HAD you bet a tenner on Man United losing 6-1 at home to Spurs plus Liverpool losing 7-2 at Villa Park, I guess you’d have been close to making millions.
Add in my West Ham team’s much deserved and magnificent 3-0 win at Leicester and you’d have been able to park your big yacht next to Roman Abramovich’s.
But no one did. Or at least he or she is staying shtum about it.
Never in the history of the modern game has there been two results quite like them on the same day and the simple question has to be… why?
I’ve read a number of explanations already. The obvious, and no doubt the closest, is that the defending was not what the defeated managers would have wished for, while the winners’ forward play was dazzling.
I do wonder, though, whether the delayed season has put players slightly out of sync.
Blaming the Prime Minister or the Health Secretary for this would be convenient — but in this case Boris Johnson and Matt Hancock are as innocent as Boris’ dog.
The season began a month late and I suspect Manchester City, who started nine days after most clubs, were undercooked when they lost 5-2 at home to Leicester.
Liverpool’s 4-3 win at home to Leeds, already one of the most exciting promoted clubs for some while, also set the scene.
And how many paying supporters watched all this vivid action in real life? Absolutely none. How ridiculous is that?
Take one club, Aston Villa. Their fans had waited decades for a victory of this substance.
Brummies were thunderstruck after 90 minutes that will re-energise their support across the West Midlands and even in Kensington Palace, where Prince William must have been dancing in the dining room.
He and his wife Kate were so thrilled they emailed congrats.
For all that Liverpool suffered their biggest defeat in more than half a century, their lynchpin defender Virgil van Dijk said a crowd “lifts our performances at home but when you play away and the home fans turn against you, I like that. It gives you that motivation sometimes to do better.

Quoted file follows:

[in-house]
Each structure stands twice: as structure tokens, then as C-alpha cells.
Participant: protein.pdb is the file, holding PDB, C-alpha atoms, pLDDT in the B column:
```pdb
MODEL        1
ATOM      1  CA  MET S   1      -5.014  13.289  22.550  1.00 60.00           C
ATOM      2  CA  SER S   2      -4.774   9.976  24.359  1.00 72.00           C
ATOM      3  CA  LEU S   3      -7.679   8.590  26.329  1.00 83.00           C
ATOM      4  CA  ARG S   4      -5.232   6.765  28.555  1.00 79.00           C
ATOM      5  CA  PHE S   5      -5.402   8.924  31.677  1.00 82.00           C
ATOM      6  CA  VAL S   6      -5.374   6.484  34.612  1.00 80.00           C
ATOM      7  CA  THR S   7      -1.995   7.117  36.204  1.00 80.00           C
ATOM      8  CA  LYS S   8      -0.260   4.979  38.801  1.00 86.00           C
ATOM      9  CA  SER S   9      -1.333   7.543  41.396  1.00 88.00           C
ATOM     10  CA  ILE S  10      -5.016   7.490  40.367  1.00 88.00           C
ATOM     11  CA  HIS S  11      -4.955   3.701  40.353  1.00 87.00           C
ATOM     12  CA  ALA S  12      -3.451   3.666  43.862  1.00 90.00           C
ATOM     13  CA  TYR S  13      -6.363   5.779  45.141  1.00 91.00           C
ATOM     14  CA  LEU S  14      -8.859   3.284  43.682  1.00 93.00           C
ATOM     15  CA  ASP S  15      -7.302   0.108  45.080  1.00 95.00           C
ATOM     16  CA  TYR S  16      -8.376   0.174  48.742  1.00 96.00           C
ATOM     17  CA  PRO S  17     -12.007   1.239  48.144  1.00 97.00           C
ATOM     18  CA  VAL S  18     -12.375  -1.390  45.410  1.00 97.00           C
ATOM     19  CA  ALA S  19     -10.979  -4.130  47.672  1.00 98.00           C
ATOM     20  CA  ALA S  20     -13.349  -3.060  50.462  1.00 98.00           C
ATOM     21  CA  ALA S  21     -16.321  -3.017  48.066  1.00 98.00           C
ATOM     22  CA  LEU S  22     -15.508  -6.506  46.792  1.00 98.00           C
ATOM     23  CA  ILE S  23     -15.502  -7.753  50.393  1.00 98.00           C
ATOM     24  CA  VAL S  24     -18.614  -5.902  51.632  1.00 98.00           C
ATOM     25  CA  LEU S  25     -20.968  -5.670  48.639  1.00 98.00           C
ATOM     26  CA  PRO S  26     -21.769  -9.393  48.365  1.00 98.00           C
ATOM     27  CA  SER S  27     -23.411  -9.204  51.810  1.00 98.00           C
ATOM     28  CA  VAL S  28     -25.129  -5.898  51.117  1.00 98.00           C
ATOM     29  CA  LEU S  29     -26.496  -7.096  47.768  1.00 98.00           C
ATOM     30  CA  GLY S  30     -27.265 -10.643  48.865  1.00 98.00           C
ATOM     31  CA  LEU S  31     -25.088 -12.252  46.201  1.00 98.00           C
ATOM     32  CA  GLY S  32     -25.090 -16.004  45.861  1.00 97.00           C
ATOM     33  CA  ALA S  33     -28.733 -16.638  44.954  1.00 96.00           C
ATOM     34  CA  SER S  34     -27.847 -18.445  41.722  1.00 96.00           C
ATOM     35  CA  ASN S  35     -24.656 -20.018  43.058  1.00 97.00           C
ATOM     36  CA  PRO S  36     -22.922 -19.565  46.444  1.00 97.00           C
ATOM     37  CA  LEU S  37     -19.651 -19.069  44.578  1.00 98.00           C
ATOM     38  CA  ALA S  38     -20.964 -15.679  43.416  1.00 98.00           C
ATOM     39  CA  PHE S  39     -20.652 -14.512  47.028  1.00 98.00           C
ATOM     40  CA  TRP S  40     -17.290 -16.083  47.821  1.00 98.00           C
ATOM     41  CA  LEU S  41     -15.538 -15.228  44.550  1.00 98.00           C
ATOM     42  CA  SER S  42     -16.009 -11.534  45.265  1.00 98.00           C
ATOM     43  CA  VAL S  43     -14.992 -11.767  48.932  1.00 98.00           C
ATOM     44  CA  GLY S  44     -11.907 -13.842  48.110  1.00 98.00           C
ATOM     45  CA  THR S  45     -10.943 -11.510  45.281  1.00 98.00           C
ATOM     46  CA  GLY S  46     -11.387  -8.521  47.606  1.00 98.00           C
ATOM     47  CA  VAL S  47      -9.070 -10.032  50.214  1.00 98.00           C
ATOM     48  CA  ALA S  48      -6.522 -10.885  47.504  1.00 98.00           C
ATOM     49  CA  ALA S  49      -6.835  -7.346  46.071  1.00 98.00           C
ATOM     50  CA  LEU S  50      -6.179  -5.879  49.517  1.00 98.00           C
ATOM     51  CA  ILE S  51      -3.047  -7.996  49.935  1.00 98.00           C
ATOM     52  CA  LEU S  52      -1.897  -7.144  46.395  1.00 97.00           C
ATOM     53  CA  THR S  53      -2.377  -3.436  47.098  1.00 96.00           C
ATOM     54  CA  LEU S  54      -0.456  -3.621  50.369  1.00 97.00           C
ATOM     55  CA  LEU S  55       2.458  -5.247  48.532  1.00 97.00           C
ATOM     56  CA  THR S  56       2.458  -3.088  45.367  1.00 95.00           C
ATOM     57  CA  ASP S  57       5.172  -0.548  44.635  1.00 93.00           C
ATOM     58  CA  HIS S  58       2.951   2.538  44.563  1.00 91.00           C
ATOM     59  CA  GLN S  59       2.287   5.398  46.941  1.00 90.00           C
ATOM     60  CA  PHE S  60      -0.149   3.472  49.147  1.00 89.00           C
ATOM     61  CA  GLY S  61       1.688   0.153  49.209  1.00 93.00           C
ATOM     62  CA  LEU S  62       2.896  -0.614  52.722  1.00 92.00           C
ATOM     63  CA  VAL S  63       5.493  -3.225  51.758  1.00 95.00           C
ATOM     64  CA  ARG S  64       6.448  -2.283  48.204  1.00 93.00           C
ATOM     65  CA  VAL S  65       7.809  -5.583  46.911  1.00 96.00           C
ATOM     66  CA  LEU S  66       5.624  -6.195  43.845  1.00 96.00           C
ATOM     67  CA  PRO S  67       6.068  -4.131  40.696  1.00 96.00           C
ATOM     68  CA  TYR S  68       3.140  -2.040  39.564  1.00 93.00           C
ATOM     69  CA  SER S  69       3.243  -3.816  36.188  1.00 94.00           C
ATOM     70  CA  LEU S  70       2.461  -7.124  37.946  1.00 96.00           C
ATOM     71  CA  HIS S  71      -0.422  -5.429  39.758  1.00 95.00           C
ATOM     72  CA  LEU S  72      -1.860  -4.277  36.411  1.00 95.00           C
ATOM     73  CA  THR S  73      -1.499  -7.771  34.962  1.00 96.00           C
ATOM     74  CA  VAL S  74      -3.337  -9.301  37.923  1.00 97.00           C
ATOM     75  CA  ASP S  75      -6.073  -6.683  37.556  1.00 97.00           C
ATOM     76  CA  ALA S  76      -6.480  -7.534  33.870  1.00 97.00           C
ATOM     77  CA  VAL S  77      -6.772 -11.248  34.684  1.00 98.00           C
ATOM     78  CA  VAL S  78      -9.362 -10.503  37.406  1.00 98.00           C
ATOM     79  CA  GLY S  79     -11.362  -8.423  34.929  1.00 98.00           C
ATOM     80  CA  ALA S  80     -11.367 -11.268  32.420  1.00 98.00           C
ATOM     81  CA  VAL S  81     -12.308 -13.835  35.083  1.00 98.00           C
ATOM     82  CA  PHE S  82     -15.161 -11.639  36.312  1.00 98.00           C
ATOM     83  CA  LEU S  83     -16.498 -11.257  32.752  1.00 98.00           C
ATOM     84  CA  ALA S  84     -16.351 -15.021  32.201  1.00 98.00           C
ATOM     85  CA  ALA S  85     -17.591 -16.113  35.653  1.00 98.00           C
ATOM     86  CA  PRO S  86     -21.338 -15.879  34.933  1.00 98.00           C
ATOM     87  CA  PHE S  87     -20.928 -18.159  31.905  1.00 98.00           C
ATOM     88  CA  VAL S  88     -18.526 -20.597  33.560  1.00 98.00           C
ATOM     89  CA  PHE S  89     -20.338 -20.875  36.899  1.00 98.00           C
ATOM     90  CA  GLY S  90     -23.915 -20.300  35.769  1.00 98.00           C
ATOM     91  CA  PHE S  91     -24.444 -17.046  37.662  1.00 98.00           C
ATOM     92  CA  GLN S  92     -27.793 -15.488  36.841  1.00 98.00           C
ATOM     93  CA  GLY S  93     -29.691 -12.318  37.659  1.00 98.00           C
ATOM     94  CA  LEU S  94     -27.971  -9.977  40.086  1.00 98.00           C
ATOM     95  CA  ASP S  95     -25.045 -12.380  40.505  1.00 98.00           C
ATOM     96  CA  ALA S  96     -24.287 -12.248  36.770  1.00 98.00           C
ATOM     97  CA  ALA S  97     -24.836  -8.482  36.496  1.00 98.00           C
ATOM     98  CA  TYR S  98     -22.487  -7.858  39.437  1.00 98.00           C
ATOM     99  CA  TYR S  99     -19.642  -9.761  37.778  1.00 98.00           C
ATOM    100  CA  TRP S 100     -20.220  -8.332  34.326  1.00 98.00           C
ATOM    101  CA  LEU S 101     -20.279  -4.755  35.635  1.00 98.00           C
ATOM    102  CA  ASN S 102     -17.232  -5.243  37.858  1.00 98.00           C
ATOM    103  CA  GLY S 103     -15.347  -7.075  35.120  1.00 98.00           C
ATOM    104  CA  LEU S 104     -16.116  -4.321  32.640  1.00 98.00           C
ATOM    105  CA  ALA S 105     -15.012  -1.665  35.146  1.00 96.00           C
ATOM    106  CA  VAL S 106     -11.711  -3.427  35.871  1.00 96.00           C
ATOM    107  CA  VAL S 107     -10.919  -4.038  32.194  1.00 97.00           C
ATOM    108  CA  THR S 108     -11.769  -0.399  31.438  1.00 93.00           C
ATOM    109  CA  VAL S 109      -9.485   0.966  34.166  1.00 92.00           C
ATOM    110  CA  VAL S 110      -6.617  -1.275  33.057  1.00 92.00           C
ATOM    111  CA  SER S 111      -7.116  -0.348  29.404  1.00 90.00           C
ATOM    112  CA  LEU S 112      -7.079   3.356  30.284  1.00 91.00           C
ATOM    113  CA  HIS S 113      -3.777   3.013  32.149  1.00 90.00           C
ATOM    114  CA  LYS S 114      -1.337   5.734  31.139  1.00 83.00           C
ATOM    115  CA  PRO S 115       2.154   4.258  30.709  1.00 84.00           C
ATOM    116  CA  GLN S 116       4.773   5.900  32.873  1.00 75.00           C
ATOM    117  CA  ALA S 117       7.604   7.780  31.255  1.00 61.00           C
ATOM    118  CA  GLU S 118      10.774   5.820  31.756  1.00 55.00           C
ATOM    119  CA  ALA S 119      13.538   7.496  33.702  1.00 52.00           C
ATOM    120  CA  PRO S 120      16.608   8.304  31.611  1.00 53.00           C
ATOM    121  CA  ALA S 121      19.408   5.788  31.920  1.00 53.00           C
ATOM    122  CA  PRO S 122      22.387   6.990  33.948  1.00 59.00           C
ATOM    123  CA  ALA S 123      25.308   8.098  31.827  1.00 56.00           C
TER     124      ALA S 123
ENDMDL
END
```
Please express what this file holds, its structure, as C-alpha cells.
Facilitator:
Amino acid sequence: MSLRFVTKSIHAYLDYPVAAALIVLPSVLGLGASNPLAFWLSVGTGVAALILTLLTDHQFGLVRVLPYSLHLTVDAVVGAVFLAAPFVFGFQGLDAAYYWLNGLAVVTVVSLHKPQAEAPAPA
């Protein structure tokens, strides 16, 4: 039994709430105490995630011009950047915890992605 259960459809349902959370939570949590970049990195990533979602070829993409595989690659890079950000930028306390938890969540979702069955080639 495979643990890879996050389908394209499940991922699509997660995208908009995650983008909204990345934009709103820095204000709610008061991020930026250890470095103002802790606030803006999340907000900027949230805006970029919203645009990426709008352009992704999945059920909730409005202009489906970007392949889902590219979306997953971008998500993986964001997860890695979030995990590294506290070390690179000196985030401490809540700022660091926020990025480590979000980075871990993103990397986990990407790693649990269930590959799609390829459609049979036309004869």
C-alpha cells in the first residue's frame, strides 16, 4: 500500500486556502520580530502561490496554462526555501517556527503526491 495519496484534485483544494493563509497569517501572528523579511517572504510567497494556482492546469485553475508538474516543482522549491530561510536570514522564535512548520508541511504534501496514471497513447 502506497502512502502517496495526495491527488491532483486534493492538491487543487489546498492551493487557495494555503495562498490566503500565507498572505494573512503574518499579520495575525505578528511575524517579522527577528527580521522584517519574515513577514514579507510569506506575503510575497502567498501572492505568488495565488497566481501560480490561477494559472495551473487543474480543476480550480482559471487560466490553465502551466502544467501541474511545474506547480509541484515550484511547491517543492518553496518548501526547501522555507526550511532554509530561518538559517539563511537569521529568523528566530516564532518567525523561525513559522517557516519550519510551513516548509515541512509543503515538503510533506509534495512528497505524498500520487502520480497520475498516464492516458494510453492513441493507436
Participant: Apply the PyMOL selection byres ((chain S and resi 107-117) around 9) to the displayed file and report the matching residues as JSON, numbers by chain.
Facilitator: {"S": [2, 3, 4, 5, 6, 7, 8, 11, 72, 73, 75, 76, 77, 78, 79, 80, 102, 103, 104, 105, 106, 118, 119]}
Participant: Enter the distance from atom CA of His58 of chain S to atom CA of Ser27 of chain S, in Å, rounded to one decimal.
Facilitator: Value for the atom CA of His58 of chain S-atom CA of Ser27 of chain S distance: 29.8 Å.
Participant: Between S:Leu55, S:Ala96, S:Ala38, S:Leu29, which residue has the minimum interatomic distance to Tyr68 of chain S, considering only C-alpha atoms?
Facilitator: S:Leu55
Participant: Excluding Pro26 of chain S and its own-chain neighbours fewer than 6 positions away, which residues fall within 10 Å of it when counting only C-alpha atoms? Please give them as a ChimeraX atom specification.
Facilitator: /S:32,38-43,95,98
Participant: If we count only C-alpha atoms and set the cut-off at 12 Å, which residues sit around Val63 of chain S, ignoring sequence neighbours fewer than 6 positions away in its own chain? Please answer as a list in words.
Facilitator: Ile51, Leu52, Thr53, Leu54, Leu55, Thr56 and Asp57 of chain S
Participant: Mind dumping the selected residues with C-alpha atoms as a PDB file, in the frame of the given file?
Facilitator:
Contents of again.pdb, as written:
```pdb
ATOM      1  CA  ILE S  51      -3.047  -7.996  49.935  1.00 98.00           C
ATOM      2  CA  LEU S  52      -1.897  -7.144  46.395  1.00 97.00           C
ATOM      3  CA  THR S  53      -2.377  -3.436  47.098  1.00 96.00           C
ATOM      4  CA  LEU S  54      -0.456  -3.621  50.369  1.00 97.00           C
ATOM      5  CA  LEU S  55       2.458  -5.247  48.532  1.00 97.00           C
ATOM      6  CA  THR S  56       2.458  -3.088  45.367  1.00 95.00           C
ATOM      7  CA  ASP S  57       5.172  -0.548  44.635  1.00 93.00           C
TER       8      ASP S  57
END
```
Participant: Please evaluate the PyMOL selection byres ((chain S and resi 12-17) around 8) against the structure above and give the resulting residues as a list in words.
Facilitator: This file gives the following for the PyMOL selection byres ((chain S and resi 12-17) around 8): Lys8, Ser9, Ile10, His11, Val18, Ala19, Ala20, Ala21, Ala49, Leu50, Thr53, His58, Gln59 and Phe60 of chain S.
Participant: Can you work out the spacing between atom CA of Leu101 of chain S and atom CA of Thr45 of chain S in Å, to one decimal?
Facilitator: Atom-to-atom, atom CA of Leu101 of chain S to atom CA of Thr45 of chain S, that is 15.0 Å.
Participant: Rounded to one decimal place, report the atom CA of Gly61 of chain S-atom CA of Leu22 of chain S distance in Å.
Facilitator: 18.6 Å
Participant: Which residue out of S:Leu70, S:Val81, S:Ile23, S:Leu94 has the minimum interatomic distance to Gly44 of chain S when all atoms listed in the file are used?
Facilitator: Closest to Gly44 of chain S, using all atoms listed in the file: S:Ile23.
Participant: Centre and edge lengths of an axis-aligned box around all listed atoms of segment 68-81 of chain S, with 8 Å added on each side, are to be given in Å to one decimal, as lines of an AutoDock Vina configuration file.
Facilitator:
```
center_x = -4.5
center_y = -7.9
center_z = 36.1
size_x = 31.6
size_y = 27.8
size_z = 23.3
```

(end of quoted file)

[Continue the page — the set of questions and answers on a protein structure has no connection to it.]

“It’s something I definitely enjoy and that I miss.”
Ex-Swansea boss Carlos Carvalhal estimated crowd absence affected players “20 per cent in the head”.
So never mind the missing millions in receipts, there’s some missing adrenalin, too.
But why have empty stands led to full nets? In the first 38 games since the new Premier League season started, there have been 144 goals, one-a-game more than last season.
Fans are missing a bonanza and while all of us are aware of the reasoning behind the Government’s position, the logic behind our locked turnstiles is distinctly wonky.
If cinemas are allowed to socially distance audiences, why not football or, for that matter, rugby clubs?
It would be perfectly possible, as an example, to separate people in a portion of one spectator to four seats. At the London Stadium this would limit the attendance to about 15,000.
Any range of further measures are available — plastic partitions, masks, temperature tests, sanitisers, stewarded queues, alcohol bans — and when these are proven to work, plans for an increase in the maximum examined by the authorities.
At smaller grounds, it should be possible to set the bar lower, perhaps at 1-3 or 1-2.
If the Government allowed the same percentage capacity as they have granted the 02 and the Royal Albert Hall there would be no need for a bailout of League One and Two as this amount of gate revenue would be enough to save them. And for those demanding the PL bail them out… we already do!
Not a lot of people realise the PL already give £110m a year to the EFL, which means every Championship club gets £4.5m, League One club £700k and League Two club almost £500k.
And not to forget the £190m PL clubs spent on buying players from the EFL so far in this window.
Also, is there any logic in allowing indoor venues to have crowds but football stadiums not to? If there is, no one has explained it to me or to anyone else in football.
Which is why the PL, WSL and the EFL wrote an open letter to the Government to urge them to allow us to return fans safely to stadiums.
Boris says we must save the economy. Well, here we are — willing and able to help with the greatest save he’ll ever make.